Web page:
Midterm Elections Grip Texas and the Nation


Map displaying election results by county in Texas as of 11:00 p.m. Nov. 6.

Nov. 6, 2018 is one of the biggest political days for the United States in recent history. This year’s midterm elections “could shape the nation for years” since this will be the election that determines how the United States is currently feeling towards Donald Trump’s presidency and the Republican majority in both the House of Representatives and the Senate.

Across the nation, there are thousands of seats up for grabs at local and state levels, and whether or not the “Blue Wave”, a term meant to represent the success of the Democratic party in regaining seats in the political sphere, will sweep the country as predicted by some or whether the Republican elephant will reign supreme has yet to be seen.

But one thing is certain: Americans seem to recognize the importance of this election and are voting more than ever in recent history.

In Texas alone, 4,884,528 people have early voted, a number which comprises approximately 40 percent of registered voters in the state. While this number is not a majority, it is equal to the percentage of people who voted early in the 2012 presidential election and 20 percent higher than those who voted early in the last midterm election in 2014.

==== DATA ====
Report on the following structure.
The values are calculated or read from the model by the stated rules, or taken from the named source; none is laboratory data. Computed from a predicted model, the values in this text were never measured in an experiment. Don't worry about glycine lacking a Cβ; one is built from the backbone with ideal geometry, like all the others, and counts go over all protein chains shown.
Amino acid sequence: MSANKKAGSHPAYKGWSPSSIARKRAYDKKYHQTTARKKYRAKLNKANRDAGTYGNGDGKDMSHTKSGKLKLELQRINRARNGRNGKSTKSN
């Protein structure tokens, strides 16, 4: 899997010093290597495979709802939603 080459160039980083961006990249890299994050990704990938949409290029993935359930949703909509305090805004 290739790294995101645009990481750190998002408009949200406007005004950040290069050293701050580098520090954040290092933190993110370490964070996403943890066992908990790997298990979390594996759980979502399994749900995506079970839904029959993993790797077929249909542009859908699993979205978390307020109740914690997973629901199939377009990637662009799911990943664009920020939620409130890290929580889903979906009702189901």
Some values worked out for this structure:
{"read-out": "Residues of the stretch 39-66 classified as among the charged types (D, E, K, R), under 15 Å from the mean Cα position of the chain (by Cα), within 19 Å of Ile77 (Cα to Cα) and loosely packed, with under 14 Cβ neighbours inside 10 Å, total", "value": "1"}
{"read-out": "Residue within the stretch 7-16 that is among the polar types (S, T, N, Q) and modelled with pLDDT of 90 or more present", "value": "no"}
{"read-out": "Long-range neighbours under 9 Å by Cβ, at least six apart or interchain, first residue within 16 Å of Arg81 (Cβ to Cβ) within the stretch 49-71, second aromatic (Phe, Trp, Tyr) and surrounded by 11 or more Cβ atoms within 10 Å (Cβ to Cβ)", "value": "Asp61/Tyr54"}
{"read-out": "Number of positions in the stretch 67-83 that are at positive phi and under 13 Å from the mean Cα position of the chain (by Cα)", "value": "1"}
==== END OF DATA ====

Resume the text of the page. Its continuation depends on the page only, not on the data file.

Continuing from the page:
In fact, the number of early votes cast in Texas has surpassed the total number of votes in the 2014 midterm election.

The number of Texans who voted this election cycle is also bound to rise greatly once all the votes are counted by early in the morning on Nov. 7.

Over the course of this election cycle, each party has presented the issues it finds important and has pushed rhetoric encouraging voters to make their decision based on their views on particular problems facing the country. While tactics have been varied, Democrats set their focus mainly on healthcare while Republicans highlighted immigration into the United States as one of their greatest concerns.

It seems, however, that closing out the night in Texas at least, Republicans maintain power. Greg Abbott remains Governor of Texas, Dan Patrick keeps his seat as Lieutenant Governor, Ken Paxton holds onto his post as Attorney General, and in the race that has seen the most advertising over the course of the campaign, Ted Cruz defeats Beto O’Rourke as Senator for Texas.

On a national scale, Republicans are also predicted to maintain control in the Senate and the Governor’s seats currently up for grabs. However, the race for majority in the House of Representatives is extremely close so far, though it is possible Democrats could edge Republicans out of the majority. While all of the results will not be in until early in the morning on Nov. 7, it seems, as of now, that the “Blue Wave” Democrats hoped for has turned not turned out to be as torrential as previously thought.